Updated: Jan 4
Imagination and wonder are often used synonymously, but in my mind, they are slightly different. When I am asked to use my imagination, it feels like I am searching for a solution. Maybe it goes back to my own programming. When I was growing up, I was often told or heard said, “Use your imagination.” But there is also something inherently wrong with that admonition. It gives me ownership of imagination as if it were something that belonged to me. Perhaps it’s really the opposite. What if imagination does not belong to any of us but, instead, can be tapped into by each of us?
When I try to imagine, it feels like I am working at it. My fondest memories of imagining are as far from work as one could imagine. Ha! The two most vivid memories come to mind.
The first was when I did a twenty-four-hour vision quest in the Colorado Rockies. I was on my own, with nothing but water, a journal, and a lip balm. (Never go anywhere without lip balm in Colorado.)
I had lots of time to play. If you’ve never been on your own for twenty-four hours in the wilderness, I can tell you that it is a completely different experience of time. One minute felt like at least ten; an hour like an eternity. I was confined to the safe place I had created around me, just slightly larger than my body stretched out to its full length. Exploring the area was not an option, so I lay on my back and looked up.
Lucky for me, there were lots of clouds moving across the sky that day. As I watched the clouds, many of my loved ones who had passed on formed a parade. I saw my father, my first dog, my dear friend John, and others. In the moment, it didn’t feel, even a little bit, like I was imagining them. It felt like they were visiting. I was deeply moved by the experience. When we truly drop into the experience of imagining, it becomes hard to distinguish it from reality. That’s why visioning can be so powerful.
My other memory of imagining was at Carlsbad Caverns National Park in New Mexico. The caverns are famous for their stalagmites and stalactites, which are naturally occurring mineral formations. I was stunned by their beauty as I walked through the massive caves. I stopped at one spot, looked across the way, and saw the face of a beautiful gypsy-like woman in the stalactites. I studied her a while, but when I turned away to tell my friend to look at her, she disappeared. No matter how many angles I looked from, I couldn’t find her again. Was she real or imagined?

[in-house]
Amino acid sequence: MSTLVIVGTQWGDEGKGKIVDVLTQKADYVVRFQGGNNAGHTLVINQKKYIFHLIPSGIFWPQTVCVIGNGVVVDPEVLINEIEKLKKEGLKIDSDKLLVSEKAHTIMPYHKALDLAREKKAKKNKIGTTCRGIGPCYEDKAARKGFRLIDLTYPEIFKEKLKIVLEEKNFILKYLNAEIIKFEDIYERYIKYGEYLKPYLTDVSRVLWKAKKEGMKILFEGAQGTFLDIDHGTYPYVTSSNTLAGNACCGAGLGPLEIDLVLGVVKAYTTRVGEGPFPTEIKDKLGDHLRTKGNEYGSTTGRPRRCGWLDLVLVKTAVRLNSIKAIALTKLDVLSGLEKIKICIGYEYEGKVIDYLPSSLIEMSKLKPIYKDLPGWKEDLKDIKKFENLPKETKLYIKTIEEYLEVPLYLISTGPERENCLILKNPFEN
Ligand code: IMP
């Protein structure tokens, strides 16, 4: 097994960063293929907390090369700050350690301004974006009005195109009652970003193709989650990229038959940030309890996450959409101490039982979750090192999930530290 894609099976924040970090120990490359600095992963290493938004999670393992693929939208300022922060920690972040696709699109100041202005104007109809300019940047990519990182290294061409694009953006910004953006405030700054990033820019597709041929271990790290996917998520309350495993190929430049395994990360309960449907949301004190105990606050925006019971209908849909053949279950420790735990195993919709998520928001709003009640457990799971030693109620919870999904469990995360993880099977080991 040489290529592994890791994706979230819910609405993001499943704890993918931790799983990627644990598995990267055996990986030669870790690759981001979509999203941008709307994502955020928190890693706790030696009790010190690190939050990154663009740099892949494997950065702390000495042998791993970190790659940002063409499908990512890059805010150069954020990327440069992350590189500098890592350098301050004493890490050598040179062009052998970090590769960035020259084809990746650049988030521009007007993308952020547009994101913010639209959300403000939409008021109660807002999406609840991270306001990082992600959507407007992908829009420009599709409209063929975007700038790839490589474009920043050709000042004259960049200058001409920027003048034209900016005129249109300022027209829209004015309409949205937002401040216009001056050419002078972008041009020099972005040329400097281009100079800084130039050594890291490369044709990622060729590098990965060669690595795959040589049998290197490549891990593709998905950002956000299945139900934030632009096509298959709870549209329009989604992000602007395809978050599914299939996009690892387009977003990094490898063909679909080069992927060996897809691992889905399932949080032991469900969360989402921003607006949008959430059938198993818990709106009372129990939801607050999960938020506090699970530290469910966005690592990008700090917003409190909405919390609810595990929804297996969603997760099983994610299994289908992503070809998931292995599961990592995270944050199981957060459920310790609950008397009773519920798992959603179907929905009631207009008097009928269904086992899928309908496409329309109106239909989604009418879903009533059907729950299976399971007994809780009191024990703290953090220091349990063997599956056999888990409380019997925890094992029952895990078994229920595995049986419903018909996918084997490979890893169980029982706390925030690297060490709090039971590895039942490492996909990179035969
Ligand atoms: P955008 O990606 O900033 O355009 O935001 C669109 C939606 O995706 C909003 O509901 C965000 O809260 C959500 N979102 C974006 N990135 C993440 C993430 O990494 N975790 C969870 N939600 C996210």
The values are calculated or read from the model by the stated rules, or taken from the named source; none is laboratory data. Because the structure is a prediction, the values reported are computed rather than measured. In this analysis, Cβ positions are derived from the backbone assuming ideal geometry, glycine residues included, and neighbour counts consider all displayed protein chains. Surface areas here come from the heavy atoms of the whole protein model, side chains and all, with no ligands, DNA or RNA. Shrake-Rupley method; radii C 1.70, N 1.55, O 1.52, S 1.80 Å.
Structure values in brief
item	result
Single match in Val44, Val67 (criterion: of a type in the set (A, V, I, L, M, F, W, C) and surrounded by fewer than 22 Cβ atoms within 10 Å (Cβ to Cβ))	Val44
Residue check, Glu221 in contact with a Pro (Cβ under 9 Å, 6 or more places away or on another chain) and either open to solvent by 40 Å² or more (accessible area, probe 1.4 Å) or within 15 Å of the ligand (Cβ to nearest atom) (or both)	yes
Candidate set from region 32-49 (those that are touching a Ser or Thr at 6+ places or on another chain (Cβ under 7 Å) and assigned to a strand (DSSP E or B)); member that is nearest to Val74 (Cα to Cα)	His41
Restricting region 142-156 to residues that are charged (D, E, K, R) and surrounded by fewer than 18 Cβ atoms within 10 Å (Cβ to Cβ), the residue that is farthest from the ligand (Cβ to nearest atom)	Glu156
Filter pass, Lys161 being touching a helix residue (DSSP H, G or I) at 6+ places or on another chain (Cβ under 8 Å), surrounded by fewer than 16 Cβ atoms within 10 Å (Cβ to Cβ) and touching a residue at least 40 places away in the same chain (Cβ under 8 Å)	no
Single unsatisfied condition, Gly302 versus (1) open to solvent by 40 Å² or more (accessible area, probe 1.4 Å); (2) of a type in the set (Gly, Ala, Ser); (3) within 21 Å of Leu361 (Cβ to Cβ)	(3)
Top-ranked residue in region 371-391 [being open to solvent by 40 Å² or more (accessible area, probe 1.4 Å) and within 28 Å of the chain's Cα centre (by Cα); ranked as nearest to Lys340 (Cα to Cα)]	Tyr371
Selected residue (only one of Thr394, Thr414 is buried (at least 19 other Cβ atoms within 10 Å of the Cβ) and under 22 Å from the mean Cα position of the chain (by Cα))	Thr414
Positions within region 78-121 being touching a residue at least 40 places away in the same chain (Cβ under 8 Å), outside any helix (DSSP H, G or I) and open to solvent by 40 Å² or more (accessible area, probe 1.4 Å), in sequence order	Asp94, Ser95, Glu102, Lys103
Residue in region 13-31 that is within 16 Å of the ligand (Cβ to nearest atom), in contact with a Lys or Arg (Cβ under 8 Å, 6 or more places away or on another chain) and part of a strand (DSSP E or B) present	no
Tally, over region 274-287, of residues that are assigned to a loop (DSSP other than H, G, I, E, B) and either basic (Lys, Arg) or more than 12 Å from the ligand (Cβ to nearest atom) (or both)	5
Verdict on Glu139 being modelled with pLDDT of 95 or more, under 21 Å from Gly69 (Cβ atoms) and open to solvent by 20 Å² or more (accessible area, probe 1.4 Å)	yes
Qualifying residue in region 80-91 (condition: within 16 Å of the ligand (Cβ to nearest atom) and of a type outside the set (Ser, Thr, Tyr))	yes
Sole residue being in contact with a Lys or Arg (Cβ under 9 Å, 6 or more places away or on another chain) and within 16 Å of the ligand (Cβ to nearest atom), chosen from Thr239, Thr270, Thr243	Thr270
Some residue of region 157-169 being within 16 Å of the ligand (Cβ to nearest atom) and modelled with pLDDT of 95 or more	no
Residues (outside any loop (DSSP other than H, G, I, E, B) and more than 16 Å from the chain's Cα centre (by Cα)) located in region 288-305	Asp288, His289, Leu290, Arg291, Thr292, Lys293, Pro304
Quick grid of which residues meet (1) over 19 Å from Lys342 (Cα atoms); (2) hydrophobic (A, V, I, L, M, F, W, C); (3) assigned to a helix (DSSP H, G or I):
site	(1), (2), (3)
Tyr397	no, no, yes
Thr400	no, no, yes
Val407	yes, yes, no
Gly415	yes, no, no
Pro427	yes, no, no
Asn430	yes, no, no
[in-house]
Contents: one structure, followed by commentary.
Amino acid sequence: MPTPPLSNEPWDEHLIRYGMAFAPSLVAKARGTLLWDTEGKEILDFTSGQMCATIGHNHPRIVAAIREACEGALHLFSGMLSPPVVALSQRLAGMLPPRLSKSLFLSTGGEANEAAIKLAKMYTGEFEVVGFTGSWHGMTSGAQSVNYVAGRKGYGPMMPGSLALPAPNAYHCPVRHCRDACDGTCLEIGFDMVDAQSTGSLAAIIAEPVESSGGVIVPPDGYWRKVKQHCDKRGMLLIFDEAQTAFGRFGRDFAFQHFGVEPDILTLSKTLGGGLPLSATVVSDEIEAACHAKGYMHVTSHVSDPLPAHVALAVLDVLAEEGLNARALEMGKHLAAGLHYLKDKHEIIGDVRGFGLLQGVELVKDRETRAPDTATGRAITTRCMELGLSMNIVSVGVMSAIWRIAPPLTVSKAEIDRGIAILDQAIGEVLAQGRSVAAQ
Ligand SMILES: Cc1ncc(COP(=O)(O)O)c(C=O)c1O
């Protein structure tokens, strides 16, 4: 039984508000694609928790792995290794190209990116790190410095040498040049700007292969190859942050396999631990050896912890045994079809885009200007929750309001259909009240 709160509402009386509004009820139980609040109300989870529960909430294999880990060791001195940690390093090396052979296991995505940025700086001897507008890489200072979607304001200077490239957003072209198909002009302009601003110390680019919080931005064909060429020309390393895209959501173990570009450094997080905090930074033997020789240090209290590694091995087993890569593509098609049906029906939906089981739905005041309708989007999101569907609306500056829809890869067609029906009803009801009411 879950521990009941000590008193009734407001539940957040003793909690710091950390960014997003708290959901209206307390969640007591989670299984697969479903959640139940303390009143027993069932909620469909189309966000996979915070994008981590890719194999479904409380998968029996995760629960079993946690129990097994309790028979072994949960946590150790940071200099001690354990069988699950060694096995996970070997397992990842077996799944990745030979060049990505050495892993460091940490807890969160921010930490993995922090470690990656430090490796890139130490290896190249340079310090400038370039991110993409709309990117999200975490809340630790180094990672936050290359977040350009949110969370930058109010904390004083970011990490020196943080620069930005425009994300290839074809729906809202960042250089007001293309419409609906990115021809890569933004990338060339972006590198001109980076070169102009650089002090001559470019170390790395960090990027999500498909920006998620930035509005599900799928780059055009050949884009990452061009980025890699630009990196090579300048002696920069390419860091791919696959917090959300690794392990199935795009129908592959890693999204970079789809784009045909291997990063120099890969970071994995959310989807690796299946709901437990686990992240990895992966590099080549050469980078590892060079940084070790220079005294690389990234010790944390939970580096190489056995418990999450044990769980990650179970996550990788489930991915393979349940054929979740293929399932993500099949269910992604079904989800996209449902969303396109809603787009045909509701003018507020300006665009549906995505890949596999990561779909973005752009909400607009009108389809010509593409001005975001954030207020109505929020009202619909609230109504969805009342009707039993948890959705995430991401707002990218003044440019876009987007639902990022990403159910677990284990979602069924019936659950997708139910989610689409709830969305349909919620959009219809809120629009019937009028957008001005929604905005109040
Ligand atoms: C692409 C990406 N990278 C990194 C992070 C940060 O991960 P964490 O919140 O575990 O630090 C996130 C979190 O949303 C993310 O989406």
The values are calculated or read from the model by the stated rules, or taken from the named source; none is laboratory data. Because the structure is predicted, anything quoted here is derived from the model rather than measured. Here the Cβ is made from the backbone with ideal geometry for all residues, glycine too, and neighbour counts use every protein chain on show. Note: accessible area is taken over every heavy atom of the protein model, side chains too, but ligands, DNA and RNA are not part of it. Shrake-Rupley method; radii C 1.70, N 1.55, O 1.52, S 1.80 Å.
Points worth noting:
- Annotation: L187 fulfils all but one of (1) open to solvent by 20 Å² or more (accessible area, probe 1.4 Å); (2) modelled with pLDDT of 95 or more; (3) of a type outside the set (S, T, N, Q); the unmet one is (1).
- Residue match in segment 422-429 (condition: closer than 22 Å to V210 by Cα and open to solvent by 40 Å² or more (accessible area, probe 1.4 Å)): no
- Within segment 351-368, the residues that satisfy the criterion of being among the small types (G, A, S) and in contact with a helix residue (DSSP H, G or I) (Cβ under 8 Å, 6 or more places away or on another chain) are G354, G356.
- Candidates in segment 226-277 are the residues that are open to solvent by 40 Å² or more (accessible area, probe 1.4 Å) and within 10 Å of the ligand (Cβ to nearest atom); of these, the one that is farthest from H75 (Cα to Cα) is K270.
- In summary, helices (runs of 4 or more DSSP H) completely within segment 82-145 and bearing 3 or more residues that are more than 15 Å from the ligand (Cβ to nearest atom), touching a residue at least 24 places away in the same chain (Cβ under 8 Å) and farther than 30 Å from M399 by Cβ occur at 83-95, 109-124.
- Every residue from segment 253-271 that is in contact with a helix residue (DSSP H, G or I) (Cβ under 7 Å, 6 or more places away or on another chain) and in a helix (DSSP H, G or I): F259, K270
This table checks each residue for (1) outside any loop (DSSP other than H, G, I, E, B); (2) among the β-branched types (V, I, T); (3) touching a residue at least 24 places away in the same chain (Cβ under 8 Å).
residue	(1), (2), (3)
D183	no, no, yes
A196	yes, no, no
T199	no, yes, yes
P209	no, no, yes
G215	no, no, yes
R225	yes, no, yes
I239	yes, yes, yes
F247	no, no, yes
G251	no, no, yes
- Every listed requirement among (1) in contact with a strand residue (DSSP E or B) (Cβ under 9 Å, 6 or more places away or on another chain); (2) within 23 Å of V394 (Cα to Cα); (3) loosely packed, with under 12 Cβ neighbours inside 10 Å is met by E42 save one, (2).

As I talk about these two powerful memories of imagining, I see that what they have in common is that I wasn’t trying to imagine anything. By allowing myself to sit in the beauty and the mystery, things started appearing in my awareness.
When we talk about imagining something, we are trying to capture a naturally occurring response to being open. Wonder can take us into that open space where imagining spontaneously starts to happen. So, now using our imagination has a whole different spin.
Research by neuroscientists into the brain’s plasticity and ability to constantly reshape itself also informs us that the brain does not distinguish between a “real” experience and a vividly “imagined” experience. In an oft-cited study done at Harvard in 1994, two groups of volunteers repetitively played a five-fingered combination of notes on a piano. They did this for two hours a day for five consecutive days, while another group just imagined playing and hearing the same sequence of notes for the same duration of time. At the end of the five days, brain scans showed that the finger maps for the volunteers who had played the notes had grown as expected, but, remarkably, the maps for the volunteers who had just imagined playing them had also grown to the same extent.
Athletes and coaches in all sports and countries are very practiced in visualizing peak performance. We can easily translate this skill into every area of our lives. We can allow ourselves to enjoy the imagining that occurs spontaneously and know that it has the potential to transform. Maybe we should take wonder breaks instead of coffee breaks.
The habits of gentleness, curiosity, persistence, expansion, compassion, detachment, wondering, and imagination are gateways to an easier, less stressful life. They are not necessarily things to do in thirty seconds or less. Rather, they are more a way of being in the world that invites joy and easy flow. That said, you could set an alarm to go off on the hour and take thirty seconds to reflect on any of these qualities. Those thirty seconds will go a long way towards turning these qualities into habits that occur without thinking, and your life may effortlessly feel easier.